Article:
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Australia to unveil the ‘next wave’ at Samsung Champions Trophy
17 Feb 2022 06:57


The beginning of a new and exciting era for the Hockeyroos has begun, with the three time Olympic champions launching the 2022 Samsung Women’s Champions Trophy at Bondi Beach.

Sydney, the city in which the Hockeyroos won their last Olympic gold medal, will bare witness to a ‘new wave’ of Hockeyroos, with hockey’s biggest women’s annual tournament taking place in the Harbour City from 11-19 July 2022.

The Champions Trophy is hockey’s most prestigious annual international event. Unique to any other major competition, the Champions Trophy comprises the top six-ranked teams in world hockey.

Today the Hockeyroos’ next generation of stars, Casey Eastham, Kate Hollywood and Kobie McGurk were joined by Hockeyroos coach Frank Murray at the famous Bondi Beach, one of Sydney’s most recognizable backdrops, to formally launch the tournament.

While this gave the players an opportunity to soak up the Bondi sun, it also symbolized the arrival of the ‘next wave’ of Hockeyroo players who will form the driving force for the team’s bid to win a fourth gold medal at the 2020 London Olympics.

Following the retirements of key players such as Angie Lambert (nee Skirving), Melanie Wells (nee Twitt), Rachel Imison and Sarah Young (nee Taylor), McGurk, Eastham and Hollywood will form the nucleus for the teams next Olympic campaign.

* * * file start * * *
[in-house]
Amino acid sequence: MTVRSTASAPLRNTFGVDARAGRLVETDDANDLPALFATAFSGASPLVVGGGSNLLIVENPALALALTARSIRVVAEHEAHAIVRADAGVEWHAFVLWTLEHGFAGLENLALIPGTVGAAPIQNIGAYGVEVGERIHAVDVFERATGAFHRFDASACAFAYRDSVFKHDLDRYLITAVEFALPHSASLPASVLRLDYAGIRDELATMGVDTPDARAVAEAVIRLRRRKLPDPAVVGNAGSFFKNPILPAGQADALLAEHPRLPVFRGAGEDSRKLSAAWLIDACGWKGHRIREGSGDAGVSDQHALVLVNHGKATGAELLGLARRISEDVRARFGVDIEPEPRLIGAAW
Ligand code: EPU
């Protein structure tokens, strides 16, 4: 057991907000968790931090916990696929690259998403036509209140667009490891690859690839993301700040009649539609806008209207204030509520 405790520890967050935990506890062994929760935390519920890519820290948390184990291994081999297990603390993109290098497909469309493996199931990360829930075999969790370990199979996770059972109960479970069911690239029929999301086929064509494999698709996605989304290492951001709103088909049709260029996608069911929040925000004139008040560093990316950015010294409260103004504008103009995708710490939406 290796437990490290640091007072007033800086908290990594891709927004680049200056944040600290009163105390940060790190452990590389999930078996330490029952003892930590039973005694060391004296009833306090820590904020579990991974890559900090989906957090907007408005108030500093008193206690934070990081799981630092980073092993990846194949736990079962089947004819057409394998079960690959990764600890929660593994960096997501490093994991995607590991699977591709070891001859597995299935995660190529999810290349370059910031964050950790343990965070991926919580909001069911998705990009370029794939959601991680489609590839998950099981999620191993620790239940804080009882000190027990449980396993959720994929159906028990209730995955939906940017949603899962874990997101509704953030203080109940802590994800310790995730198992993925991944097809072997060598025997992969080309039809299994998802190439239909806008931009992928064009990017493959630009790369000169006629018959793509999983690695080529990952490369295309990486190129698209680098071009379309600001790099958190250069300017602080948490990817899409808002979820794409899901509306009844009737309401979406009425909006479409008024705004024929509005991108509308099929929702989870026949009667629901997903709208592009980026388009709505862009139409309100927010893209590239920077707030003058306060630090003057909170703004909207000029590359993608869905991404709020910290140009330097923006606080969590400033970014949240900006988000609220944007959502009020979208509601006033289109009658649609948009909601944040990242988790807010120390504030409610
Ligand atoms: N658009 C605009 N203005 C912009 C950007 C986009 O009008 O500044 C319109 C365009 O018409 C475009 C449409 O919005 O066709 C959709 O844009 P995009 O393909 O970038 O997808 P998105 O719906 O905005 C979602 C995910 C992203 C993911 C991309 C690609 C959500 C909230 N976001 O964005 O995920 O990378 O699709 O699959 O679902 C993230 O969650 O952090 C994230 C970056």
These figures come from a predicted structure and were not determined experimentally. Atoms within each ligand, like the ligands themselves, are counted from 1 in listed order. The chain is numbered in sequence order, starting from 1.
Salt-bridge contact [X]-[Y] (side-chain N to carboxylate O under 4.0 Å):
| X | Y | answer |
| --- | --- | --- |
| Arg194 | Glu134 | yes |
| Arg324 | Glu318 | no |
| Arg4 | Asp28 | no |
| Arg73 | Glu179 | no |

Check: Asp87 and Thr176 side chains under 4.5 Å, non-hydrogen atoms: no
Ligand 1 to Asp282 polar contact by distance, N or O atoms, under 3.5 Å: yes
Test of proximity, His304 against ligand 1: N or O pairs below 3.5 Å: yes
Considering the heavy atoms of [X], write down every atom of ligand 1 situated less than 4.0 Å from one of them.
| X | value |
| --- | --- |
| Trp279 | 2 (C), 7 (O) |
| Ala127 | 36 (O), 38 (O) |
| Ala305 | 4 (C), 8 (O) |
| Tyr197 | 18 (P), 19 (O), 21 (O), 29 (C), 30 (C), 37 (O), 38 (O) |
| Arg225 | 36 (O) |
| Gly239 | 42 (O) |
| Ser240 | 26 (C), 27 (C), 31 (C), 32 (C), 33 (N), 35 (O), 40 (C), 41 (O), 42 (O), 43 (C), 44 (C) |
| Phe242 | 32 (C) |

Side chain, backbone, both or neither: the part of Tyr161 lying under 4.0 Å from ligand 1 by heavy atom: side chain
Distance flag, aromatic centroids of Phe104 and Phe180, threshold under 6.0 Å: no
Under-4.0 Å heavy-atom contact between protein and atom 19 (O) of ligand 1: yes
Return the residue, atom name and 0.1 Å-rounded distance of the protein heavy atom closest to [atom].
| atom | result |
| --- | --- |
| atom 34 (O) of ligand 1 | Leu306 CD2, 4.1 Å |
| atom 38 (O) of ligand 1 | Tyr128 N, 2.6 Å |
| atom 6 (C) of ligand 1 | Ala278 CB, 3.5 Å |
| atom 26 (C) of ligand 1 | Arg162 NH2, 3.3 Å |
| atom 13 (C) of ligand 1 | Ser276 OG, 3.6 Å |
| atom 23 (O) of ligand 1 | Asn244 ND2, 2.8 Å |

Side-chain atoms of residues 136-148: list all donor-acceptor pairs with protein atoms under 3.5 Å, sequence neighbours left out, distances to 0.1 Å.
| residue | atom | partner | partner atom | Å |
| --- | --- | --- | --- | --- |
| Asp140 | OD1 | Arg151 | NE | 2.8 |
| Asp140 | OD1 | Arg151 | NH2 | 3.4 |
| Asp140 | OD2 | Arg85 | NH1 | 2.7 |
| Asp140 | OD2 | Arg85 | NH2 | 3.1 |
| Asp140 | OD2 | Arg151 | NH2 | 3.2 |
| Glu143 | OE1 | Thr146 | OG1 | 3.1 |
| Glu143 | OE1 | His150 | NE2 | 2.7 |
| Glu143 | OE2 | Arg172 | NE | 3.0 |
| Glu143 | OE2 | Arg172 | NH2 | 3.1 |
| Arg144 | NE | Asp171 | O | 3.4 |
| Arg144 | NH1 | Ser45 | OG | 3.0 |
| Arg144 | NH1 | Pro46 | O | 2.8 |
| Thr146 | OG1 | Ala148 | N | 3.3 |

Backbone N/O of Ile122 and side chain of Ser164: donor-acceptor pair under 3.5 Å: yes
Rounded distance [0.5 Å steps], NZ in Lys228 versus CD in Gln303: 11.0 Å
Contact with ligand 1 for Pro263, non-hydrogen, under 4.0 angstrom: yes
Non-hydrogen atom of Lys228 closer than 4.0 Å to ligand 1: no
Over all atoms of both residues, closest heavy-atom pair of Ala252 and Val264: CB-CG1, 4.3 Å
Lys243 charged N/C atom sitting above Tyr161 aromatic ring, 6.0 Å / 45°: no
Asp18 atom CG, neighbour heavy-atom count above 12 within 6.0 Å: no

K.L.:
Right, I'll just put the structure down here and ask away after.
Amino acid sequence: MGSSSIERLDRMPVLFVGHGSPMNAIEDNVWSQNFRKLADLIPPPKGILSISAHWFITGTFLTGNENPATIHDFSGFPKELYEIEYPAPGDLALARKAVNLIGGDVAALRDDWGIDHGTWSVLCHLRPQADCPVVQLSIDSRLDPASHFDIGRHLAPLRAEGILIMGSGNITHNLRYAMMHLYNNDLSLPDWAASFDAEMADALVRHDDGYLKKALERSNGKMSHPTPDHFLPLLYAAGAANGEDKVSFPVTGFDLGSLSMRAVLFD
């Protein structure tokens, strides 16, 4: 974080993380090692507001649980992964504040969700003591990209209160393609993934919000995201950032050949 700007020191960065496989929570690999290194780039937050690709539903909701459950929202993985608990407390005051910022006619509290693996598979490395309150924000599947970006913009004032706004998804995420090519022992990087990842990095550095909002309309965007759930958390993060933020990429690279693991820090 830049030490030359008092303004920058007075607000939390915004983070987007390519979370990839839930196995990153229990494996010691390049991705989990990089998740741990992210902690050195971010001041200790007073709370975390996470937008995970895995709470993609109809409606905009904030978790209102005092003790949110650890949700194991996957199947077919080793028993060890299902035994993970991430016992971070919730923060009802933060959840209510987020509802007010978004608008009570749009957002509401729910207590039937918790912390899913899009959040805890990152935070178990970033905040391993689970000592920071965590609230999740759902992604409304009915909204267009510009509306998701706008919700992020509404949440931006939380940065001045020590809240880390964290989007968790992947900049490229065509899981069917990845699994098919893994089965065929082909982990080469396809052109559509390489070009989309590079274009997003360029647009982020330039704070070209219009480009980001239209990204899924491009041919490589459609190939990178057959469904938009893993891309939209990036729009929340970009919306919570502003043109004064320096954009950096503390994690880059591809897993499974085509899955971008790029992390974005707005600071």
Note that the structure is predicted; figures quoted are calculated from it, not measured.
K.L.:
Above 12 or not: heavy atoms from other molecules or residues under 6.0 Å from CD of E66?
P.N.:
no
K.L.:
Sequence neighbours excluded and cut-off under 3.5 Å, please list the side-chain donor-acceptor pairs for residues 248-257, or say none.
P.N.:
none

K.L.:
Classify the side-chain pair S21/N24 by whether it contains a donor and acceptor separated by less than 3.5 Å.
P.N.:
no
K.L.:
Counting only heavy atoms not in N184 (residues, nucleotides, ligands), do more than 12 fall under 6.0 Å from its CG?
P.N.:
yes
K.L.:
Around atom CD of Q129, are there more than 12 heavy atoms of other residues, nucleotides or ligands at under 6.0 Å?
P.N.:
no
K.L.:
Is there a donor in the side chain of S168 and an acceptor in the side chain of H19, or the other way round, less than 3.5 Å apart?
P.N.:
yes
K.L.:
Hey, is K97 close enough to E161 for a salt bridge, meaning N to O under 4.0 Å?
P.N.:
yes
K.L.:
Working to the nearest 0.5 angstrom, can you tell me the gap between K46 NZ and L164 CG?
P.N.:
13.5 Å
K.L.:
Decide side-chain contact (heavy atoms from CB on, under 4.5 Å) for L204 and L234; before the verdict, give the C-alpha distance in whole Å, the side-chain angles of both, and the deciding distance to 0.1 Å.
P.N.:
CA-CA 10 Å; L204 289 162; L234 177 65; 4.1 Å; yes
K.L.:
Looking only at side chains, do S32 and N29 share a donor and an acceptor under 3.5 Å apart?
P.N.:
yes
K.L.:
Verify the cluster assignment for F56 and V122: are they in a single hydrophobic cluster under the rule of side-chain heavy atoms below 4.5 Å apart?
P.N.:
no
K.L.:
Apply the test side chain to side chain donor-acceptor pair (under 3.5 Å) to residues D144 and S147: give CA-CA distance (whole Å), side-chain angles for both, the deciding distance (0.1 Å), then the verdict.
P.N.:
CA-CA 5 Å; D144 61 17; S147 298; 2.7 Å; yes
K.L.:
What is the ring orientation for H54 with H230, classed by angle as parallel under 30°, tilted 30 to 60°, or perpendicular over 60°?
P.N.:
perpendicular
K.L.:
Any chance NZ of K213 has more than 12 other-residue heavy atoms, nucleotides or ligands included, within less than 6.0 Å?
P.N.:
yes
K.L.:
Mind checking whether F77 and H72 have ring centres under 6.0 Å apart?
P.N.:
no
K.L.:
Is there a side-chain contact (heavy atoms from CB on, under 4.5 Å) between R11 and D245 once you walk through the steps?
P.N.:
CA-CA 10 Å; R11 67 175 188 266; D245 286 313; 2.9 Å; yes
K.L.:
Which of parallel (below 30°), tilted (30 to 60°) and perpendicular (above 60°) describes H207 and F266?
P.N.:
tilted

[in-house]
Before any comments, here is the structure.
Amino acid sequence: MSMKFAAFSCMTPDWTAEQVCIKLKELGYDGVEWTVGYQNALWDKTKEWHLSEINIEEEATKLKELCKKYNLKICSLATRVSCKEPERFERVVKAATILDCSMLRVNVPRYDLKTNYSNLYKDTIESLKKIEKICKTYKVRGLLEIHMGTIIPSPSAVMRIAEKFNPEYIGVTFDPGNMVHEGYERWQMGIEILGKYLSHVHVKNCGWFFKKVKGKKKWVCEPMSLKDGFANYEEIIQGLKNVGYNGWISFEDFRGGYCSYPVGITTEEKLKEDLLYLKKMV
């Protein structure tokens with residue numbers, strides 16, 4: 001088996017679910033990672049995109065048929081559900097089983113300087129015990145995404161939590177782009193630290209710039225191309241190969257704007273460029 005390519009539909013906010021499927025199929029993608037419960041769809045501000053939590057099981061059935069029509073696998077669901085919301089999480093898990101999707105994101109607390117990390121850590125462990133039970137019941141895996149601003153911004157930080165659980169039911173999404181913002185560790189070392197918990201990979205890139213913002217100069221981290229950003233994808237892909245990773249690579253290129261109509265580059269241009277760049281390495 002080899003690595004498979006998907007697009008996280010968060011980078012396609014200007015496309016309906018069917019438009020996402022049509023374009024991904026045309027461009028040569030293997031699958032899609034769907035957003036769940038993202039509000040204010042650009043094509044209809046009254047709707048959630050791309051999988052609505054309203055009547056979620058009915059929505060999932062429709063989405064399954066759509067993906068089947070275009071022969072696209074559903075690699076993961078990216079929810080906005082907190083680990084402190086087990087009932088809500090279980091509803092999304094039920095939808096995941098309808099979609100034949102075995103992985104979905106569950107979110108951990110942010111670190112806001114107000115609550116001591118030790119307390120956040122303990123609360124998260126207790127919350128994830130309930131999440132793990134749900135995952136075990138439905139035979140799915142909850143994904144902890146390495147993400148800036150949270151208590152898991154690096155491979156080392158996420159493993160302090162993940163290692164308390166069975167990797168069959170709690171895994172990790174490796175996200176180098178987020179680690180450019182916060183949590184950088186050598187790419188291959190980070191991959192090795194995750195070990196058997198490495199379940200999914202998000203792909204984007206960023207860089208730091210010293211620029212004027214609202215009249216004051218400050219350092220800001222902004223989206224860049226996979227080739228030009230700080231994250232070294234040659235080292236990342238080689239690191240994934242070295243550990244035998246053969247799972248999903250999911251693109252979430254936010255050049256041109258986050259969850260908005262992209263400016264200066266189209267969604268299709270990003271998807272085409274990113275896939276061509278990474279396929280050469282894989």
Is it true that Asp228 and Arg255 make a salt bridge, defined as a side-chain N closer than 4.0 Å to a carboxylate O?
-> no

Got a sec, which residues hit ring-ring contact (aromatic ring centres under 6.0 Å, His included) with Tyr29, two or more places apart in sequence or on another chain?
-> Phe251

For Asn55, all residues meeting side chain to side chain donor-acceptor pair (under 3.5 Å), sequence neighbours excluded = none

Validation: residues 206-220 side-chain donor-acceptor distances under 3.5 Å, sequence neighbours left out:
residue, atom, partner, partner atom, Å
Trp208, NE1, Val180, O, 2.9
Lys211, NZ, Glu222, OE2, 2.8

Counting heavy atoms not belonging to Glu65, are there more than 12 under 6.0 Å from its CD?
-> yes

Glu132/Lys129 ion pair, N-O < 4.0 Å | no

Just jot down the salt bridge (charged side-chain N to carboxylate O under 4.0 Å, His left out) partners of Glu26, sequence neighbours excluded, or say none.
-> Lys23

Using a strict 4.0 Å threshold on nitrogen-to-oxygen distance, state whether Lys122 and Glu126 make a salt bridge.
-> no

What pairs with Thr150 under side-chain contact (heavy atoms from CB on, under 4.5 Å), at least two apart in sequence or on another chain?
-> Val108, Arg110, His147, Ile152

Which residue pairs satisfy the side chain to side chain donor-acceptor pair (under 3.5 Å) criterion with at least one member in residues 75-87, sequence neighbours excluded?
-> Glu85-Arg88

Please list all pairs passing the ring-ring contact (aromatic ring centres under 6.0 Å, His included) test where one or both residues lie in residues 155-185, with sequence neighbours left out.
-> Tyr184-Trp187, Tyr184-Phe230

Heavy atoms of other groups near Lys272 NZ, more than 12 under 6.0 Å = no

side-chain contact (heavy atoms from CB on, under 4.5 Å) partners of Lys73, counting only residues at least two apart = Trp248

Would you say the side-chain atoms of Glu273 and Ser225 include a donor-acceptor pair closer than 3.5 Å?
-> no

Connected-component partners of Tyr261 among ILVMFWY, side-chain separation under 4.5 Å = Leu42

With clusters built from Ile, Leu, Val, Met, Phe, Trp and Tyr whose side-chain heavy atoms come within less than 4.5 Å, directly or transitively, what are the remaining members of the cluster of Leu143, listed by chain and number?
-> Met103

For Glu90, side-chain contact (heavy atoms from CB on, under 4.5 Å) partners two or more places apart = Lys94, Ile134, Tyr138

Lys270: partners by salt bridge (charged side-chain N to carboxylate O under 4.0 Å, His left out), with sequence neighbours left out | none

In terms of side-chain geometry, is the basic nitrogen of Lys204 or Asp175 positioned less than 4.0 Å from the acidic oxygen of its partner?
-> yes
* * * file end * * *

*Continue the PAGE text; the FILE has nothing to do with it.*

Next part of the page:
Having achieved some impressive results throughout the last Olympiad, the Hockeyroos are still established in the top group of teams around the world. During the last four years the Hockeyroos competed in the 2006 Commonwealth Games, the 2006 World Cup and the 2008 Olympic Games playing a total of 19 games for 15 wins, 2 draws and 2 losses. Both losses came against the Netherlands (1 - 3 in the final of the World Cup and 1 - 2 in a round game in Beijing) with the Netherlands eventually going on to win gold at the 2008 Beijing Olympics.

Hockeyroos coach Frank Murray says the results achieved throughout the last Olympiad confirm that the team is highly regarded, with the challenge now for the new era to continue to improve and take the next step of forcing their way back to the very top of the world.

“We are in the top group of countries as indicated by the results at major tournaments throughout the last Olympiad where we only lost two games, both to the Netherlands who won gold in Beijing. Now we must work hard to get to the top of the group, and the 2022 Champions Trophy is the beginning of that,” said Murray.

As the first major international tournament since the Beijing Olympics, Murray says he has no doubt several players will look forward to proving they are still a world class team at the 2022 Champions Trophy.  

“Having only lost one game in Beijing – to eventual gold medalists the Netherlands – we are intent on looking forward. The Champions Trophy will give us our first opportunity since Beijing to consolidate our position in the top group of teams and continue to work back to the top,” said Murray.

Sydney Olympic Park and the 2000 Sydney Olympics ultimately represents the last time the Hockeyroos tasted Olympic success after the team won it’s third gold medal. 

Hockeyroo defender Kobie McGurk said it is fitting to return to Sydney, the place where the old era finished, in an attempt to begin the challenge of becoming a powerhouse.